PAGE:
• Hi Stephen, your spa waterfall, is that a spillover or an actual waterfall feature? Spillover is just the spa filling up, and overflowing into the pool, a waterfall feature is something different, with dedicated plumbing and a booster pump usually. Anyway, have you checked the cleaner line strainer? The small filter, usually at the wall? Could need cleaning. Not sure what type of sweeper you have, but other adjustments can sometimes be made to prevent circling, but often it is a low flow issue. If low flow is not caused by a clogged strainer, inspect the cleaner hose for pressure loss (leaks). If none found, inspect your valve settings, on the equipment pad, and make sure everything is normal, and the cleaner water flow is not being throttled or bypassed. If your sweeper has a booster pump, could be a problem with a clogged impeller, or air leak into the pump, or some other pump issue. Hope that helps! Good luck ~

  4. I have a salt water inground pool the other day i noticed my pressure is going up and down from 14psi to like 4 to 6 then back up even couple of mins. The water level is good. What could it be. Thanks

    • Roger, I call that surging, when the pump catches prime, loses prime, catches again… it can be a stuck skimmer weir or a pool noodle blocking water flow into the skimmer. It can also be a loose pump lid allowing air to creep in around the o-ring. Or, a loose pipe coming into the pump can allow air intake. If not the skimmer being blocked, then it’s an air leak – BEFORE the pump impeller.

  5. I have an above ground 18,000gal pool…a Hayward SP1580X15 Power-Flo LX 1 1/2 HP pump purchased May 2017. For over 2 months, lots of troubleshooting, actually RE-PIPED THE SECTION FROM POOL TO PUMP … done by professional…pump still will not prime…draws water, wont prime…played with outflow and values, no prime…took apart (my nemesis) Hayward Perflex DE filter, cleaned fingers, silicone on gaskets, put back (I have done this crappy job a hundred times so I am familiar with the process)…no prime…feel like draining the damn pool and junking the whole thing >:(

    • Hi Leah, good question, and I understand. 3 possible solutions. The most likely is an air leak, and the usual places are 1) pump lid not tight enough or not lubed, or bad o-ring, or loose drain plugs (or without thread sealant or o-ring). 2) loose pipe coming into the pump (no sealant, or overheated and slightly shrunk), 3) Loose valve lids or o-rings, air-leaky valves in front of the pump (main drain, skimmer).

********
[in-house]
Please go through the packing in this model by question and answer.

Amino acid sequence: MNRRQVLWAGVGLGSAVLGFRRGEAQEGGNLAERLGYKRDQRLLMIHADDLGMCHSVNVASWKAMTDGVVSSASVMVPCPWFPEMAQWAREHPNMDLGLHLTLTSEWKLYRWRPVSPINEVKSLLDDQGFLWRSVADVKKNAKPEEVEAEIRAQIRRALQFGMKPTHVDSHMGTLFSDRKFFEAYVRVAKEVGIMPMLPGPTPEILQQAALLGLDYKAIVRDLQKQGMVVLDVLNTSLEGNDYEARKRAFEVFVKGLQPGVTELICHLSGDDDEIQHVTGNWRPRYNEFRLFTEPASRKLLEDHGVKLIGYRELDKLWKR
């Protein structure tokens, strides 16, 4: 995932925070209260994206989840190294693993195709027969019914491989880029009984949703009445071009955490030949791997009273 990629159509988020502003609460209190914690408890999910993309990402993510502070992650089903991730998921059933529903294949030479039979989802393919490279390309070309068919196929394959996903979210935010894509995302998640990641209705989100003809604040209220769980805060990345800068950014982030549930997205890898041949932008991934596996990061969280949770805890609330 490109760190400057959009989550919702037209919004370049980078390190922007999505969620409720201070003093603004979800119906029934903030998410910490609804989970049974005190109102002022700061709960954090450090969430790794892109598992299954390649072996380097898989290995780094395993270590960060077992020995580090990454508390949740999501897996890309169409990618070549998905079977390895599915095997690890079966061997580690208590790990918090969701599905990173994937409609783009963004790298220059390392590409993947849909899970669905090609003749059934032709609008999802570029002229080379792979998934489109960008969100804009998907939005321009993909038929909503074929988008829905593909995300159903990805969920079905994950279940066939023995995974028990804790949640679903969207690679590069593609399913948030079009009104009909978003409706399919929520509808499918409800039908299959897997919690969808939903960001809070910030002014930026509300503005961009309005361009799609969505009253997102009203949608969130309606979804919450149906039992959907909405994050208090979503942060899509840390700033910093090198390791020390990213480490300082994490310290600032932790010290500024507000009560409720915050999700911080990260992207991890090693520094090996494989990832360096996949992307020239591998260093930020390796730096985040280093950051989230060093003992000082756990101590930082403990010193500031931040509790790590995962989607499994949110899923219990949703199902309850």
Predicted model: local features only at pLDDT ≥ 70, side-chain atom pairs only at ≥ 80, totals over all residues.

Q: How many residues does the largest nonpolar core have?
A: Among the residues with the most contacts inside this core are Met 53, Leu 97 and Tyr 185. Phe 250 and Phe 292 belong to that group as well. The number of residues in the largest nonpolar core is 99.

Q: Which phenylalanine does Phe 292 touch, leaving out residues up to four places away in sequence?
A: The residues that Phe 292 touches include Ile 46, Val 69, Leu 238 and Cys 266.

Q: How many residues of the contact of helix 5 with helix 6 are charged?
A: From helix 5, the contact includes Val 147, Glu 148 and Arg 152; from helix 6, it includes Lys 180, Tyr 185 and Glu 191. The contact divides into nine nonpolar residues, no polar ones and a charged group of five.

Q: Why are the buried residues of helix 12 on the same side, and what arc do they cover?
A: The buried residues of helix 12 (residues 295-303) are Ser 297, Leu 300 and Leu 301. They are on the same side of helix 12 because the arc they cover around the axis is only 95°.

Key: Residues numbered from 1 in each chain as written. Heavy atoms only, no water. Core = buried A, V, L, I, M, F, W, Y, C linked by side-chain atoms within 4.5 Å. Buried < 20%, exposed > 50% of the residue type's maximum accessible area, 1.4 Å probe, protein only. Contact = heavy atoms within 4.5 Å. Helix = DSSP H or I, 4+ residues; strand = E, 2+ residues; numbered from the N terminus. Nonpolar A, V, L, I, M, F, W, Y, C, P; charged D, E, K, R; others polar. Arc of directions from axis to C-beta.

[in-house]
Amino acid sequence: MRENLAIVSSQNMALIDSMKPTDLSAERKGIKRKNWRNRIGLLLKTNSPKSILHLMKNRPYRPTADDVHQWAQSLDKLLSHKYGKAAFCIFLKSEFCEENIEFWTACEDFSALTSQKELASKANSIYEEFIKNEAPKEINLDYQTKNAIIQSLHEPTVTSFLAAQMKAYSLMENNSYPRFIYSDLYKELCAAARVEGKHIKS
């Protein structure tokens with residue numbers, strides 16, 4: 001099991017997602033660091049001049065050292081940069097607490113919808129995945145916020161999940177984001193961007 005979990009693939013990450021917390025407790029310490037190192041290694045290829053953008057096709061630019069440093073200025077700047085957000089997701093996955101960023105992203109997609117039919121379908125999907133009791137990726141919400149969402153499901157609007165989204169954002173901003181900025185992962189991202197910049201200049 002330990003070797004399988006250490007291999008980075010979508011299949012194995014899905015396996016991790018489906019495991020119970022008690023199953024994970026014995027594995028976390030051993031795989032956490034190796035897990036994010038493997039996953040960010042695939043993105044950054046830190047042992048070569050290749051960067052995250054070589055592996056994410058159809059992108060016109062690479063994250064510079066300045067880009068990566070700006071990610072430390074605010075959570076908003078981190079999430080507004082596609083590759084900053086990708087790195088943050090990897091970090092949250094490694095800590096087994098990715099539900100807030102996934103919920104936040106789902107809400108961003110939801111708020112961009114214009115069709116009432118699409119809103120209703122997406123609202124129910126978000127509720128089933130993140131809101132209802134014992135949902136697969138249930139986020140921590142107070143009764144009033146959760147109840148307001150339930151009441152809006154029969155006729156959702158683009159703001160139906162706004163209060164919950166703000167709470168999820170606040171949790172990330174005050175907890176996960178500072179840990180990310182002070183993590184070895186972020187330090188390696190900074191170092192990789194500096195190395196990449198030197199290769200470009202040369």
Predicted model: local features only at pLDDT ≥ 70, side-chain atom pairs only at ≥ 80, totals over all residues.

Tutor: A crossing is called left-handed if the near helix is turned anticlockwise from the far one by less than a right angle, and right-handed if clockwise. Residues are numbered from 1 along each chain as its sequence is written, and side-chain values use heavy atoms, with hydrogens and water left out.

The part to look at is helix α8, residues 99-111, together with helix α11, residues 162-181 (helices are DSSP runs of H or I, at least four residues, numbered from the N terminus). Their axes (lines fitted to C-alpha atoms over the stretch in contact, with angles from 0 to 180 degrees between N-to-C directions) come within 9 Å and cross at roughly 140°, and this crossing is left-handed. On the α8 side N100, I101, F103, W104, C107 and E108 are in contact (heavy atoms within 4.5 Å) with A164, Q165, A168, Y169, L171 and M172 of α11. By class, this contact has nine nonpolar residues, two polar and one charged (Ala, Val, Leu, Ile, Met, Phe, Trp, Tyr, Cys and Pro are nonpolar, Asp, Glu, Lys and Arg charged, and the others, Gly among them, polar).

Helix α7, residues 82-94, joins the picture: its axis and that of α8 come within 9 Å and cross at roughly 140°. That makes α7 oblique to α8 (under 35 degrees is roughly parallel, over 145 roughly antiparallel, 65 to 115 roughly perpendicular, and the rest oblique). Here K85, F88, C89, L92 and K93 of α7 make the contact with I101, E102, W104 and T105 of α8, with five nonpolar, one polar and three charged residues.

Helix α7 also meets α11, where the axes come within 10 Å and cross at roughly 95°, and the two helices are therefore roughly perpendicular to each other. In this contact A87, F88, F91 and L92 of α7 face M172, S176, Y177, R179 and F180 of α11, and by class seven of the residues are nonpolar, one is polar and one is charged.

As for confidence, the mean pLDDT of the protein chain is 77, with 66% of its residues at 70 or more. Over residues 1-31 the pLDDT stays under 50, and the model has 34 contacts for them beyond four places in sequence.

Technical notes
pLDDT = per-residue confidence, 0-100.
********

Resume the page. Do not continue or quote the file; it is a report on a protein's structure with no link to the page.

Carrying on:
Second possibility is the pump is too high above water level. PowerFlo LX is not a self-priming pump (Hayward PowerFlo II is self-priming), which means it has trouble lifting water vertically. Usually OK with a 12″ lift, but more than that can be a struggle.
      Third possibility is the pipe size is too small, and your 90 gpm pump may be starved for water. Hayward recommends 1.5″ PVC pipe, and more than one line, (i.e. main drain and skimmer) to feed this thirsty pump.

      • Hi Davy,
        I checked the possible issues that you mentioned here…no drain plugs on the system…draining pool is done through the filter via a valve that is after the filter (Perflex). All pipes are 1.5″ and solidly installed with primer and high quality glue for the PVC used. Because all the pipes are new and no leaks have been evident, I can say with confidence that #2 is not it. Valves were replaced with pipe and silicone applied to gaskets and O-rings during install and again yesterday while I was checking this list. Pump is sitting about 3 feet below level of water in pool..maybe a bit more. Is it possible that the filter is the problem? I have called a repair company since the pump is under warranty and they told me that it is almost NEVER the pump and therefore if it is something else I will have to pay $89/hour for their service…so I was hoping to exhaust all other possibilities before coughing up the money…Can you recommend any tests that I can do?

        • Hi, it could be the filter, and if so, the pressure on the gauge would be high during operation usually. Perflex filters can clog up with heavy oils, or not enough DE powder, or if undersized for the pool (just like any other filter), so it could be the filter yes. If you had a multiport valve, you could put it on recirculate and verify, but since perflex have no such valve, the only other test would be to actually plumb around the filter, by installing a bypass valve and line, or just temporarily routing plumbing around the filter, to bypass the filter completely.
          Another possibility could be a clogged pump impeller, should have mentioned that earlier. In such case, filter pressure is lower than normal, if the impeller is clogged. Grass clippings, seeds, gravel or other small debris can clog an impeller and reduce suction. With the pump off, remove the basket and reach your hand back into the eye of the impeller. If very clogged, you can usually tell, because debris will float out and you can grab some of it with your fingertips or with pliers. If clogged, open the pump up, and ream out the impeller vanes with a flexible wire.
          So yes – it could be the filter, very clogged and in need of a deep cleaning, but probably not a filter mechanical issue. Likewise, it could be any other obstruction after the pump (partially clogged pipes, small pipe size, partially closed return valves) – all of which will produce higher than normal filter pressure. Or it could be an obstruction in the impeller, or anywhere before the impeller (clogged pipe, small pipe, partially closed suction valves, air leak) – all of which will produce lower than normal filter pressure.

  6. I have a pre-2008 Northstar pump and it seems to be losing air seal. If I prime the pump and turn it on it runs fine but when I turn it off and let it set for a few minutes you can hear it cheering then the water in the pump evacuates and there appears to be some water coming from the bottom of the pump